It’s important to caution, however, that what counts as a burka (or hijab) varies from one country to another.  In Bangladesh, a burka is more like what we would call “a caftan” in the West–just a big overblouse that goes all the way to the floor.  It may be made of any cloth or color (and we saw quite an array of them in the small city near the site).  Bangladeshi women wear the burka over their other clothes, usually a sari but sometimes the overblouse and trousers as pictured at right.  The burka is quite hot and uncomfortable when worn over clothing, I’m told.  Then, the woman may or may not wear a hijab, which is a headscarf that may be pinned to cover the face–but may not cover the face, depending on the woman’s choice.  Most women wear a scarf loosely over their heads; the classification of hijab depends on how closely the scarf covers the head and neck.  In the pictures right and below, the scarf covers the hair and most of the neck, but would not, I don’t think, be seen as a hijab. We did see women with the scarf pinned across their faces, showing only the eyes, as is common in Saudi Arabia (but the clothes were not always black), but we never saw the full body covering with only the net to see through, as one sees in pictures from Afghanistan.


Notice the bold, modern color combination this young woman has selected for her traditional overblouse, trousers, and scarf. Taken and shared with permission.


The most striking thing about the women’s clothing is how colorful it is.  Mind you, these are not ready made garments, but selections made by fabric and pattern when purchased.  There are more traditional patterns worn among the older women and these are quite beautiful.  But the younger women experiment with bolder, more modern patterns and unexpected combinations, such as the one on the right here.  Both of the combinations pictured here were very vivid and modern-looking in life.  One can see the same appreciation for pattern and color we saw in the home furnishings, coupled with a witty and contemporary playfulness in selection and combination.

The sweetly confident mother I spoke of on Day 2 says she always wears a black burka.  She also wears black or brown shoes, so people will “read her” as a “good woman” when she goes out on her own.  She is clearly using this outfit as camouflage to distract from the fact that she is breaking tradition in a more fundamental way by running her own household.

A “good woman” means, of course, a chaste woman (not a kind one or a reliable one). (Is there anywhere in the world where this is not true? We are so thoroughly defined by men’s assessments of our sexual behavior!) It is ironic that this woman, whose husband trusts her completely, would cover her tracks with a black burka, but the husband whose wife has many colors with matching shoes won’t let his wife go anywhere alone because “she might talk to someone else.”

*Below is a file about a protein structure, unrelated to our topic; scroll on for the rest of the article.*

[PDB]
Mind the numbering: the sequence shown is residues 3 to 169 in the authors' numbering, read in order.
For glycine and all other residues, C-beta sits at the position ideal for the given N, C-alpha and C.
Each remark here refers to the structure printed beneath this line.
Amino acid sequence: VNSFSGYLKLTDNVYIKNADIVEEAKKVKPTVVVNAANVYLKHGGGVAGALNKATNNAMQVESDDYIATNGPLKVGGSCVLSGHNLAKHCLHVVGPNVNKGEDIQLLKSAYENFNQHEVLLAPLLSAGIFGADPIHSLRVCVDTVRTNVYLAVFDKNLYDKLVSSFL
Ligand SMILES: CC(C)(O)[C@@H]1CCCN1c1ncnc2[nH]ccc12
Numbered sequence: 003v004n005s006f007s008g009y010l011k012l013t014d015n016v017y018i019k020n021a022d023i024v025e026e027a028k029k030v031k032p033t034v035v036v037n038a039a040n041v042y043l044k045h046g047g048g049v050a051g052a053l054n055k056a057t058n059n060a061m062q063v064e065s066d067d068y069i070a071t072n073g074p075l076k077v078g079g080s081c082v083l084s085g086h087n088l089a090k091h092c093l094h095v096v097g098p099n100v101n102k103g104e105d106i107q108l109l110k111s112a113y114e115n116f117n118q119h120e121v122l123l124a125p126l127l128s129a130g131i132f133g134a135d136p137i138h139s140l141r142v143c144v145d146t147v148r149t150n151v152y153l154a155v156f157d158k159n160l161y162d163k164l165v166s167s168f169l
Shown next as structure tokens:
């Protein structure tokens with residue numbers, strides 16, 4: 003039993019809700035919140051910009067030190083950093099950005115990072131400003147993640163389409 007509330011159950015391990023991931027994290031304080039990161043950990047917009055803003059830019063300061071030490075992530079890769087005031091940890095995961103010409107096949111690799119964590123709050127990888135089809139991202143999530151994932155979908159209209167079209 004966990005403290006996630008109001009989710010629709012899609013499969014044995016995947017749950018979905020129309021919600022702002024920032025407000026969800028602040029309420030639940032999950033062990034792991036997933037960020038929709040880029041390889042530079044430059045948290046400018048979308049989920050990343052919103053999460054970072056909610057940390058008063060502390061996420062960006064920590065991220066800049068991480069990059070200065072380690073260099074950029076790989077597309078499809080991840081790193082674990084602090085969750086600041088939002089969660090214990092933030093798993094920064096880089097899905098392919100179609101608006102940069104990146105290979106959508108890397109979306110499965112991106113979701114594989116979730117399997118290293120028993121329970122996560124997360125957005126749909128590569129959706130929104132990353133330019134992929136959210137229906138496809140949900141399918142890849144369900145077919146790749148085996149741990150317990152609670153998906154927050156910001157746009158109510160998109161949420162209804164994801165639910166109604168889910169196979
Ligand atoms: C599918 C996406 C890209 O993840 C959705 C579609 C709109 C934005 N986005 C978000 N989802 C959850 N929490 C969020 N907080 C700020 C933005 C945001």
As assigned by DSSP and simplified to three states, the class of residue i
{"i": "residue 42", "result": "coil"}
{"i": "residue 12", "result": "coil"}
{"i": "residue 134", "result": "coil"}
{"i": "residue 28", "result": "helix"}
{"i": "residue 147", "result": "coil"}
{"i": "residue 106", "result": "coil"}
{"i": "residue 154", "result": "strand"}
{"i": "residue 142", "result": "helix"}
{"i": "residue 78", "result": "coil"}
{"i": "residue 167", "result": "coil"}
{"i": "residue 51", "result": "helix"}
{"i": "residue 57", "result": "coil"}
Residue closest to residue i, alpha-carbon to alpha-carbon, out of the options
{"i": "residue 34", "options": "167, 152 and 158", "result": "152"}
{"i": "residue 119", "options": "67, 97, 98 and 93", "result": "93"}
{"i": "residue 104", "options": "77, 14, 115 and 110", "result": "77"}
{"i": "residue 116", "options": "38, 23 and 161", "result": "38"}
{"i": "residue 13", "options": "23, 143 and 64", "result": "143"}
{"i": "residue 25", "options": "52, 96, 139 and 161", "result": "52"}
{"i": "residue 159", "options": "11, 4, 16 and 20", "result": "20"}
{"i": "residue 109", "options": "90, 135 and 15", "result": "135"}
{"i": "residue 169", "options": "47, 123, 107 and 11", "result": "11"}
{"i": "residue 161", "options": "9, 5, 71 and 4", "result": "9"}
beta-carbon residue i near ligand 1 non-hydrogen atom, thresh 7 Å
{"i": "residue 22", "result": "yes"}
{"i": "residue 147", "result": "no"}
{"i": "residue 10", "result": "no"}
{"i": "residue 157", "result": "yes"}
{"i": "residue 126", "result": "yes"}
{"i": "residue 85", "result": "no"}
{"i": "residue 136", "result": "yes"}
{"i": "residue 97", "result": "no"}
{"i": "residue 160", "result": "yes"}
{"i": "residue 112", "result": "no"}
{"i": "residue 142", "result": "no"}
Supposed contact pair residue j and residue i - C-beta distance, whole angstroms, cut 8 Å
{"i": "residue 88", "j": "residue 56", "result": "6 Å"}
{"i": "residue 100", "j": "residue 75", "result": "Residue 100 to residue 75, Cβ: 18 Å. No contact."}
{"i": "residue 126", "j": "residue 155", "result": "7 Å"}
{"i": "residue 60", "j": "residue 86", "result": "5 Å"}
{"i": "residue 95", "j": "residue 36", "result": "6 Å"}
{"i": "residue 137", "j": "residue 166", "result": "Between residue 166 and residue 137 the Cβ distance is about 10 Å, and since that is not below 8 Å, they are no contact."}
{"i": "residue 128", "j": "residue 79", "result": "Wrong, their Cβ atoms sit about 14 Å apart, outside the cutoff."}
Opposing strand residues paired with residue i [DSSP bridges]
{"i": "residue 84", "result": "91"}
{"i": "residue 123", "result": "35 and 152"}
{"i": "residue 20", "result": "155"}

Nearly every home we saw included an elaborate vanity, each with neatly arranged toiletries, combs, and tissues.


We asked the woman whose husband trusts her whether she wears any makeup.  She giggled that she only wears it for her husband–a little pink lipgloss.  “Does her husband like it?” I asked.  The answer: he really likes it, so maybe she should do it more often.  Why doesn’t she?  Because during the observation of the Five Pillars, the ablutions wash it off.  Doesn’t seem worth it.

Pink is her favorite color.  Everyone had a favorite and a strategy. One wore red to attract attention, another wore neutrals to avoid it. One lady wore warm colors because it brightened her skin.

In fact, skin appearance is generally a big concern.  These ladies are heavy users of beauty creams of all  sorts, but are especially enamored of whitening creams. Jita carries the best-seller, Unilever’s Fair and Lovely.  Assessing the reception, use, and impact of this cream will likely be an objective of our study.

One can see the potential to use control over dress as an index to or proxy for, empowerment.  One lady we talked to recounted a sad life story in which she had come to her marriage with property, but her husband, a lazy and self-absorbed man, spent her assets instead of working.  Now, she earns a meager income making crafts, but it is often not enough to buy food.  When she expresses a preference for a color or admires a certain sari, he tells her, in a mean tone, that he will purposely never buy her that color or type of sari so that she will not have the pleasure of wearing something she wants.  Since this woman cannot buy things on her own–because she cannot go to the market without his permission even if she has money–her husband can cruelly abuse her by controlling her clothing.

This is the kind of thing we are looking to try and capture when we say we want to study women’s freedoms within the space of personal appearance.

Next: Day 5 – The Decorative Impulse